This website uses cookies primarily for visitor analytics. Certain pages will ask you to fill in contact details to receive additional information. On these pages you have the option of having the site log your details for future visits. Indicating you want the site to remember your details will place a cookie on your device. To view our full cookie policy, please click here. You can also view it at any time by going to our Contact Us page.


Heat and Power Measures for the 'Great British Refurb'

British households will be able to receive expert, targeted help to reduce their fuel bills and access low-carbon heat and power in their homes, under an ambitious long-term Heat and Energy Saving strategy.

The draft plan sets out the need to reduce household carbon emissions to almost zero, in order for the UK to achieve its ambitious target of an 80 per cent cut in emissions by 2050. By 2030, the aim is for whole-house improvements to be available to householders in every home, in every street.

The plan, which will be published for consultation later today by Ed Miliband, Hazel Blears and Margaret Beckett, includes proposals for improving the quality and widening the availability of information and advice, new finance packages and options for the delivery system of energy efficient and low carbon improvements.

The Government's ambition goes beyond existing plans. Whole house energy makeovers will be needed, and the aim is for 400,000 households a year to have this by 2015, with seven million homes benefiting by 2020, and be on the way to all homes having access to whole house improvements by 2030.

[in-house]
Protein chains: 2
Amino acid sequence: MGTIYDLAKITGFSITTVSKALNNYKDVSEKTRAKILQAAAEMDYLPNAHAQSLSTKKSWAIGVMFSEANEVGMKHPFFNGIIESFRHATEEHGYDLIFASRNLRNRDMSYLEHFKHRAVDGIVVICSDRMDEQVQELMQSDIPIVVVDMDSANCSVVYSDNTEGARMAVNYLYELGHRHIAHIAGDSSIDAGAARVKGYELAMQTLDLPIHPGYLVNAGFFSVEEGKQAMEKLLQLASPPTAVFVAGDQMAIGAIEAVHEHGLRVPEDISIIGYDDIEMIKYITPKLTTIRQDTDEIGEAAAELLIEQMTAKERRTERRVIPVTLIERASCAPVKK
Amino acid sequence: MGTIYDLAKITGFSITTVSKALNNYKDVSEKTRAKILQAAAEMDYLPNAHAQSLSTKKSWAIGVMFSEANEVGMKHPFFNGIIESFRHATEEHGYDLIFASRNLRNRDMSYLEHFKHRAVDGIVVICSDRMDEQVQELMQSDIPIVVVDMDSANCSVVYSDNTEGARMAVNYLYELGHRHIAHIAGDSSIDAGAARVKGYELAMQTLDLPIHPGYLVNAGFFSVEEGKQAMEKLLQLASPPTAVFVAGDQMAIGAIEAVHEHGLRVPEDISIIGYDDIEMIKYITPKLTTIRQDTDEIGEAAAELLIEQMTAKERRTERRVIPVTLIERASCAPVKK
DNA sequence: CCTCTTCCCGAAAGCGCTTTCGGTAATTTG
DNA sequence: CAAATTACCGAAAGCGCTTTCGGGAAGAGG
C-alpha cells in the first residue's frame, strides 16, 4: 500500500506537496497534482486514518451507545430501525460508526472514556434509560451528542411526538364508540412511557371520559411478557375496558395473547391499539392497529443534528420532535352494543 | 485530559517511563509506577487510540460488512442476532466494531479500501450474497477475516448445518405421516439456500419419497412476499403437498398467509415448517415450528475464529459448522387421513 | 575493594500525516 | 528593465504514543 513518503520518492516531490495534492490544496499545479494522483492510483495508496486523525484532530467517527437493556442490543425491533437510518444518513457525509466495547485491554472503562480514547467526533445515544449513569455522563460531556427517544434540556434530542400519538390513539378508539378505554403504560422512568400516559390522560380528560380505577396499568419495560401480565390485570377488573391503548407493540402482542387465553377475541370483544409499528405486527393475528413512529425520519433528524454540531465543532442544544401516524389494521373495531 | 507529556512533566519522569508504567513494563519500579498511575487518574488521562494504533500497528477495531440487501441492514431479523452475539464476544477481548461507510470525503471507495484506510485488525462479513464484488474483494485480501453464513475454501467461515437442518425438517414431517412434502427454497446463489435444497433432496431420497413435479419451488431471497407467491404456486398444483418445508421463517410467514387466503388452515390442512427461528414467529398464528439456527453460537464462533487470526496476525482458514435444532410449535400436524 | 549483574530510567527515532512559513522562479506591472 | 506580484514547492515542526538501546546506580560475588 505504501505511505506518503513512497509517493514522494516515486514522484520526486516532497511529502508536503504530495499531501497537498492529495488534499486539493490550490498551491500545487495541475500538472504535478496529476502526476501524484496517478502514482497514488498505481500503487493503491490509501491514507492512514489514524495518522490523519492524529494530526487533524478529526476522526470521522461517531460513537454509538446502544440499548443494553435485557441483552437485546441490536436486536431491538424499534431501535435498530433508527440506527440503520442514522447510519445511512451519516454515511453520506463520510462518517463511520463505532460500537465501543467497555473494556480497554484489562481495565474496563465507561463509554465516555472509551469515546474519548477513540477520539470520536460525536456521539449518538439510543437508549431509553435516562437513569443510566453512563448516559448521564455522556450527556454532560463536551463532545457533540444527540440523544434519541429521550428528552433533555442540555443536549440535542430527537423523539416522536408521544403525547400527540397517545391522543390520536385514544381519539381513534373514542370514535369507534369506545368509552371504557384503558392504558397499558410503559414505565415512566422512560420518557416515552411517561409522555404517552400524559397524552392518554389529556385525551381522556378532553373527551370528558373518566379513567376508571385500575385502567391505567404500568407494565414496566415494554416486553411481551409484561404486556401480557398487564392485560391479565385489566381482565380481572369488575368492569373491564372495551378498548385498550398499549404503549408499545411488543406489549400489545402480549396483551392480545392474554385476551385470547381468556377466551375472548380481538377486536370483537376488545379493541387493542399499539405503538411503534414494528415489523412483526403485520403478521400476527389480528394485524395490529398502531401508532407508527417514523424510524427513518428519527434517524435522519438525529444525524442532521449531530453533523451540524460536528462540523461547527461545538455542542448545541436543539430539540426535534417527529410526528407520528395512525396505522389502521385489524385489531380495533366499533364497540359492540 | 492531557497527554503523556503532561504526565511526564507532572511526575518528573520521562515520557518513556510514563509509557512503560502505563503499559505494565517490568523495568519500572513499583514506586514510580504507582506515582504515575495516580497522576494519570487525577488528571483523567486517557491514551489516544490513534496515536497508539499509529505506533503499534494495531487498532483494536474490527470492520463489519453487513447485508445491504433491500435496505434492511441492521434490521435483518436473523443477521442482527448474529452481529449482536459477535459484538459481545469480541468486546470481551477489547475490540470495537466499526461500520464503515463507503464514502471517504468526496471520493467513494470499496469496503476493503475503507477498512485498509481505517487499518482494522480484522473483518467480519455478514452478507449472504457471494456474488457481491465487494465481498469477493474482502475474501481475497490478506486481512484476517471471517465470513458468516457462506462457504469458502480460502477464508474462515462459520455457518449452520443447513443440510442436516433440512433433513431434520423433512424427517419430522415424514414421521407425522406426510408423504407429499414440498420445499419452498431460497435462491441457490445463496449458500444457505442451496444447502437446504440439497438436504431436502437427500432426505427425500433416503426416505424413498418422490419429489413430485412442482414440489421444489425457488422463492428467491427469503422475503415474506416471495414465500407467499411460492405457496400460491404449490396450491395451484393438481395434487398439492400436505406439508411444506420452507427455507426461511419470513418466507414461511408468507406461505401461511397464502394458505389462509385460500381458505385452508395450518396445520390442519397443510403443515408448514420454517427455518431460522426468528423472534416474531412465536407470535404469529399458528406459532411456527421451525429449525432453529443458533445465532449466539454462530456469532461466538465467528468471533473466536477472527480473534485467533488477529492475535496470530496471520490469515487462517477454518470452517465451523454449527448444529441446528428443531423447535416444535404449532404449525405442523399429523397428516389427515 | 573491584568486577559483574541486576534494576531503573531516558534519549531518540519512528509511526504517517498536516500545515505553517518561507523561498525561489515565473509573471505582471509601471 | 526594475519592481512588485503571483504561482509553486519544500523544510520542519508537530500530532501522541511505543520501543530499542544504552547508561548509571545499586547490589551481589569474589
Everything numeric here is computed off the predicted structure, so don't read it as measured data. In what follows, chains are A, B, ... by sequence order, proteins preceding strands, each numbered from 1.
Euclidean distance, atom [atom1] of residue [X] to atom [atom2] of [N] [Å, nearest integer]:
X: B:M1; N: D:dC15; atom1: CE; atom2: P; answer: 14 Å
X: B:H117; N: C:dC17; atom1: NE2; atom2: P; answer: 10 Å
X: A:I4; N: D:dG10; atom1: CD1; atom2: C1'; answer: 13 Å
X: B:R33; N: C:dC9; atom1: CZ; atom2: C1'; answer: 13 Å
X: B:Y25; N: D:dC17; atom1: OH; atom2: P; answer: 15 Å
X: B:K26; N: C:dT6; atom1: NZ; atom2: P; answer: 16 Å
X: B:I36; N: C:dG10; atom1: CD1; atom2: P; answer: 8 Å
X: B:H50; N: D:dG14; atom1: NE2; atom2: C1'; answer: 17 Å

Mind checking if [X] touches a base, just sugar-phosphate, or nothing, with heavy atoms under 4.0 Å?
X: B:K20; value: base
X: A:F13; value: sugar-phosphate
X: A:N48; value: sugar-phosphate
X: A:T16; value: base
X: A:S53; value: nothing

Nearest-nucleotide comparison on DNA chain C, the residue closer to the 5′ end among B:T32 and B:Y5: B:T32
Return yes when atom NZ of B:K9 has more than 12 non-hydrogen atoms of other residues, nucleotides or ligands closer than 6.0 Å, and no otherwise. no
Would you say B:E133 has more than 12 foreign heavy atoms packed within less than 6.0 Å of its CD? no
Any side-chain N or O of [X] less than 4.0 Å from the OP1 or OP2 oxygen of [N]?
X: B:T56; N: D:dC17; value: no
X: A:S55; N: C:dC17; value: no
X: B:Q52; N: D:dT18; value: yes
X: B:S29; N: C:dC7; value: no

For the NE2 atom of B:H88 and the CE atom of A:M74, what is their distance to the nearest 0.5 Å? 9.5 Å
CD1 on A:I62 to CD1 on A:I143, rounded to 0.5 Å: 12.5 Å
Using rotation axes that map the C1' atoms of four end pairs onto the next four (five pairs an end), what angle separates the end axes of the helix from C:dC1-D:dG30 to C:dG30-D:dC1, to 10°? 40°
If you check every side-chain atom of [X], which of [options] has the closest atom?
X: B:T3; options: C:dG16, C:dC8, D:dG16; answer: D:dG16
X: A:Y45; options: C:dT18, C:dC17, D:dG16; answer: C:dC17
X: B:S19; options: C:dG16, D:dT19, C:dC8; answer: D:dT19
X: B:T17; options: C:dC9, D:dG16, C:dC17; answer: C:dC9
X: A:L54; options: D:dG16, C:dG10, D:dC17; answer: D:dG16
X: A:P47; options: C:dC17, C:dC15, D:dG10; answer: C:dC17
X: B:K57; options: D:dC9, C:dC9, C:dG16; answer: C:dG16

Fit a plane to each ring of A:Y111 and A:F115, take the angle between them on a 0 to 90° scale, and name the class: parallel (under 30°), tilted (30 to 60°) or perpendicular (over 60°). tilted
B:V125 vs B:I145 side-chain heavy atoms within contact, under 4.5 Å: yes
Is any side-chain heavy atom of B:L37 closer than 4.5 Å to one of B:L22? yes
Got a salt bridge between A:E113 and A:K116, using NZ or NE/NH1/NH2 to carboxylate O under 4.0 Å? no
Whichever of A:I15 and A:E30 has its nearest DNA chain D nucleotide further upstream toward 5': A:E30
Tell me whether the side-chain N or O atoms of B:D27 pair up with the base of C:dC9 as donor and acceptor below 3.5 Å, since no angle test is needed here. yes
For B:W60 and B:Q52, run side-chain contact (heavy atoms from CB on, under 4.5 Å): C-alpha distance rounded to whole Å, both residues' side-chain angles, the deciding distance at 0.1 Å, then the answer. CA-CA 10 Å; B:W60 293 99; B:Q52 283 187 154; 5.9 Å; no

Energy and Climate Change Secretary Ed Miliband said:

"We need to move from incremental steps forward on household energy efficiency to a comprehensive national plan - the Great British refurb.

"We know the scale of the challenge: wasted energy is costing families on average £300 a year, and more than a quarter of all our emissions are from our homes.

"Energy efficiency and low-carbon energy are the fairest routes to curbing emissions, saving money for families, improving our energy security and insulating us from volatile fossil fuel prices.

"We cannot afford not to act. Every home must be able to access the help and technology it needs, whether it be the installation of a ground or air source heat pump, solar-heating, solid wall insulation, or access to a district heating scheme.

Most importantly, I want to ensure that help to meet the costs is available to people house by house, street by street, and that lower-income families don't miss out."

Key proposals include:

* Finance packages to install energy efficiency measures and low-carbon heat and power sources would be offered to householders. Repayment from part of the savings on energy bills would be linked to the property, rather than residents.

* Combined with guaranteed cash payments by way of a Renewable Heat Incentive and a Feed-in Tariff for small scale electricity generation, the payback for homeowners who switch to low-carbon technologies and save energy would start from day one.

* Options for improving the delivery of energy efficiency advice and measures, including establishing a central coordinating body funded by energy companies and working to Government-set targets.

* Rolling out low-cost home energy audits, developing a qualification for energy advisers, and establishing an accreditation scheme for installers.

Print this page | E-mail this page

Electrical Products